ƒ             When  any  change  has  been  completed  and  the  resolution  has  been applied, the Problem Record should be formally closed. The status of any related   Known   Error   Record   should   be  updated   to  show   that  the resolution has been applied.
•   Major Problem Review
ƒ             After every majorproblem, a review should be conducted to learn any lessons for the future. Specifically, the review should examine:
¾   Those things that were done correctly
¾   Those things that were done wrong
¾   What could be done better in the future
¾   How to prevent recurrence
¾   Whether there has been any third-party responsibility
It is rare for any new applications,  systems  or software  releases  to be completely error-free. It is more likely that during testing of such new applications,  systems or releases a prioritization system will be used to eradicate the more seriousfaults, but it is possible that minor faults are not rectified.
Where a decision is made to release something into the production environmentthat includes known deficiencies, these should be logged as Known Errors in the KEDB, together with details of workarounds or resolution activities.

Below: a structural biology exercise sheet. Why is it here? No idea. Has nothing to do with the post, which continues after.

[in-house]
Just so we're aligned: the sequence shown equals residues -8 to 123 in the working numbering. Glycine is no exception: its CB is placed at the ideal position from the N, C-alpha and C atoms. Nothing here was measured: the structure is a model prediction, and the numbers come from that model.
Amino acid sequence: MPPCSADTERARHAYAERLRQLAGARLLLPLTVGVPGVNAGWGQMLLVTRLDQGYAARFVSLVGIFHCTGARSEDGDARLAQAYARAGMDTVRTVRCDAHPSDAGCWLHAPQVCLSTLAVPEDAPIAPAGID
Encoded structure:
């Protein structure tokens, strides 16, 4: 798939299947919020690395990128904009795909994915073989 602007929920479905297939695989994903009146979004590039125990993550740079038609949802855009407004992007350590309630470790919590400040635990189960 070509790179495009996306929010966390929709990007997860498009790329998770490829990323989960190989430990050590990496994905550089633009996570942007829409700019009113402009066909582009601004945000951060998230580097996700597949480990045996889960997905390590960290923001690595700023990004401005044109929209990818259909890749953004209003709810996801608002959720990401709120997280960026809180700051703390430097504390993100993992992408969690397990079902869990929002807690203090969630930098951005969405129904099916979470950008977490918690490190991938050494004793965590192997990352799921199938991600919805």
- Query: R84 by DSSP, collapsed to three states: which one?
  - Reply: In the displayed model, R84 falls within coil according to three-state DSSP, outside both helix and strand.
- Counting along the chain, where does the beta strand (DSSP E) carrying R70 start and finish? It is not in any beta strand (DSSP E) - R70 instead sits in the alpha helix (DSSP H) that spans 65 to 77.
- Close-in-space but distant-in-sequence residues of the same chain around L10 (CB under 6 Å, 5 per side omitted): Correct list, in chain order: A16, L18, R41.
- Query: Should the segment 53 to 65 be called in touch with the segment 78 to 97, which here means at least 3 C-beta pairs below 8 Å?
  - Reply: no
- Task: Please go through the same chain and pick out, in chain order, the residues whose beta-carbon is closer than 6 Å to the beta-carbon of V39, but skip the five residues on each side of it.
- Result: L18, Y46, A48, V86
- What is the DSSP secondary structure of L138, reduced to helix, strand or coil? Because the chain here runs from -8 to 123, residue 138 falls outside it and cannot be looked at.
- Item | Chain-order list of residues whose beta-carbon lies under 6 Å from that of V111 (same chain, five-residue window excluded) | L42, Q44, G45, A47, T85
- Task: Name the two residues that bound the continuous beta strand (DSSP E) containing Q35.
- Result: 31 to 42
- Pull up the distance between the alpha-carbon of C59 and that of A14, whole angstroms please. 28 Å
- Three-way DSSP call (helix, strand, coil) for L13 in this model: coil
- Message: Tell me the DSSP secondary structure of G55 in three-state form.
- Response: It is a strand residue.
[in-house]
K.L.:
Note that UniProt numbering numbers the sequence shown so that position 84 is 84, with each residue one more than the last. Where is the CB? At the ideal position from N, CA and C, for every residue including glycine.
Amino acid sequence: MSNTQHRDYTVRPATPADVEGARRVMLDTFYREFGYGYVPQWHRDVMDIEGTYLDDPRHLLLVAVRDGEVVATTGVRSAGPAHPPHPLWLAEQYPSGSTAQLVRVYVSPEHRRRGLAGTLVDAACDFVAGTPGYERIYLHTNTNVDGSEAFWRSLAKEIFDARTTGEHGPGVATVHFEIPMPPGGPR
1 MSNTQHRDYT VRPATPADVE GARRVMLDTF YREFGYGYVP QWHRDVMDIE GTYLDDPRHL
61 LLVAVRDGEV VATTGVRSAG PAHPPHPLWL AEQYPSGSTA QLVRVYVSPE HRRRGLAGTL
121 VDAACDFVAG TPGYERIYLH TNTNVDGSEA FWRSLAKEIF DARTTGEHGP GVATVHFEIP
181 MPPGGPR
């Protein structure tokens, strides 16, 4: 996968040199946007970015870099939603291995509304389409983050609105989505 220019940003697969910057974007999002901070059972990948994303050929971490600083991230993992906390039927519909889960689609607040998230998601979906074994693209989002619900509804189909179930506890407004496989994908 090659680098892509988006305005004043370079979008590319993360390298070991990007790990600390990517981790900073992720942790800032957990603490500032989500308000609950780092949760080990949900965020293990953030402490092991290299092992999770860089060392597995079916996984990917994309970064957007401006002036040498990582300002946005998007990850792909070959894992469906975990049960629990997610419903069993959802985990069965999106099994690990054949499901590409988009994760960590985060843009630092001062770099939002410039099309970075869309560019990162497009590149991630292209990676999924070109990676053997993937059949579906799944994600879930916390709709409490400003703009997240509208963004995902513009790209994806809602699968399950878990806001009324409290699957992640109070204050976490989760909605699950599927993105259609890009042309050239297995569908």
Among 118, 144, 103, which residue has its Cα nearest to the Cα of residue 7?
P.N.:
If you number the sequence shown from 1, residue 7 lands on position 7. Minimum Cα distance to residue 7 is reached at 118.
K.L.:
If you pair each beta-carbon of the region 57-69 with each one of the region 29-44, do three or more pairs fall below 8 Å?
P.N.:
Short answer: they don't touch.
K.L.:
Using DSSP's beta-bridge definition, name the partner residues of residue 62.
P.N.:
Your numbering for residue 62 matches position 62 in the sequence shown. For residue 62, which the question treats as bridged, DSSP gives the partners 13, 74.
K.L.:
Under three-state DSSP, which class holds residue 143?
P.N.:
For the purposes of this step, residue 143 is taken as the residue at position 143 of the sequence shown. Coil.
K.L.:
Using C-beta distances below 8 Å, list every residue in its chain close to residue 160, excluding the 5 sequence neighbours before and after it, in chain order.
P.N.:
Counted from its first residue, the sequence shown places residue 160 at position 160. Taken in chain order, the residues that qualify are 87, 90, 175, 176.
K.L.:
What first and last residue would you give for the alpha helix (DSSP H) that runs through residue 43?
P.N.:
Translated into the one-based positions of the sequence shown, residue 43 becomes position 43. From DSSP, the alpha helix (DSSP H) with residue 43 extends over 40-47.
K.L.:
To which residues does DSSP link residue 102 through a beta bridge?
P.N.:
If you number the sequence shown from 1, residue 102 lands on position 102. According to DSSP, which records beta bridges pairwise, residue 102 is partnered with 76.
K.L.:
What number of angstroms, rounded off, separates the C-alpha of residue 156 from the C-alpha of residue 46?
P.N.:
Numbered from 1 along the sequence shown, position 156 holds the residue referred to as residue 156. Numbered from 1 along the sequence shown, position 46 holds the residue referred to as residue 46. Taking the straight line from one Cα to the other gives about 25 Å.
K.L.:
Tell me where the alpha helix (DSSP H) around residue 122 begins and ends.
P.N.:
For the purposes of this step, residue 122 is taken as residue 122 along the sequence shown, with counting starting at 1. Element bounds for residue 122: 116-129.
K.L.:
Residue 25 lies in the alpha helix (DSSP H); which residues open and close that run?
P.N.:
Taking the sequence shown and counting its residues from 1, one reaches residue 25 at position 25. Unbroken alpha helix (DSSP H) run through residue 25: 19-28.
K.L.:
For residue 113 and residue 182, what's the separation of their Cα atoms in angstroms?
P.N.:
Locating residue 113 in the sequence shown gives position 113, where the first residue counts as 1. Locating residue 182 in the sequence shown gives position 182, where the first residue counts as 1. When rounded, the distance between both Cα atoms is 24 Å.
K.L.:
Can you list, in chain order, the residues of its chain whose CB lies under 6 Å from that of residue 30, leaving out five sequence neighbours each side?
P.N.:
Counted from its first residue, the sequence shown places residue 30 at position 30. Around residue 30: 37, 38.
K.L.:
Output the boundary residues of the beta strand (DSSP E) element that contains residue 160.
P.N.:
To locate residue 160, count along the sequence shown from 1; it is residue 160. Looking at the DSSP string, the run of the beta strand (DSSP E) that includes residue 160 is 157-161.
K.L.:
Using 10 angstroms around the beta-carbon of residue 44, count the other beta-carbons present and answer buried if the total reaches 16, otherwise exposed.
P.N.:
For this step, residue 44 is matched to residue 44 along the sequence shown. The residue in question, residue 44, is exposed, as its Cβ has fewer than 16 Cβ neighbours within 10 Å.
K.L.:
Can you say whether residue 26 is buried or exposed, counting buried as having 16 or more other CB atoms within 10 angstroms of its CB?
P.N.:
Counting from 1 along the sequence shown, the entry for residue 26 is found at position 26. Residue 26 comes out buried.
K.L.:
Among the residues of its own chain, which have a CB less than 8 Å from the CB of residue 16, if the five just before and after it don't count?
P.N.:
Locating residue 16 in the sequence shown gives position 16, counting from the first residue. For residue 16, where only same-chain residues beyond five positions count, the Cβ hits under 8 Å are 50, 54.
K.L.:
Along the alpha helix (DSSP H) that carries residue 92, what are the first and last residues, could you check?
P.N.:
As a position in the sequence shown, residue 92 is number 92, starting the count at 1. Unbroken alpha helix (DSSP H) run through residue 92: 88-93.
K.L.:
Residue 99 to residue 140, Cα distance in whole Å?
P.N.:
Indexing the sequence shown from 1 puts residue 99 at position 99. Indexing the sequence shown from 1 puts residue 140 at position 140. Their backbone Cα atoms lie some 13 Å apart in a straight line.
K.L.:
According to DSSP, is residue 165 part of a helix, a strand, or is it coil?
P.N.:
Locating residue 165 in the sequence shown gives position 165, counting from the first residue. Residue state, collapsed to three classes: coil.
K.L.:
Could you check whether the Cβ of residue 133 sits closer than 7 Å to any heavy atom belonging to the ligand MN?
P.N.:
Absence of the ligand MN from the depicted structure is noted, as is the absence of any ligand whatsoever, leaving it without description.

•              Problem  Manager:  The Problem  Manager  is the Single  point of coordination and the owner of the process. Responsibilities include:
ƒ    Coordinating all Problem Management activities
ƒ             Acting as the liaison with all Problem resolution groupsto ensure the swift resolution of Problems within SLA targets
ƒ    Ownership and protection of the Known Error Database
ƒ             Gatekeeper  for  the  inclusion  of  all  Known  Errors  and  management  of search algorithms
ƒ    Formal closure of all Problem Records
ƒ             Acting as the liaison with suppliers  and contractors  to ensure  that third parties fulfill their contractual obligations for Problem resolution
ƒ    Arranging,  running,  documenting  and  all  follow-up  activities  relating  to
Major Problem Reviews
•              Problem Solving Group(s) Staff: Performed  by one or more technical  support groups,  suppliers  of  support  contractors.  This  group  ensures  allocation  of resources is done appropriately.
Relationships  with other Processes
One of the primarybenefits of Problem Managementis demonstrated in the“Many to One”  relationship  between  Incidents  and  Problems.  This  enables  an  IT  Service Provider to resolve many Incidents in an efficient manner by correcting the underlying root-cause.
However,  not all Problems  are diagnosed,  perhaps  because  the root-cause  of the Problem is not always found. It may also be seen that some Known Errors are not fixed. The reasons for this may includecosts that exceed the benefitsof fixing the error, or that the error may be fixed by an upcoming  patchor update from a third party.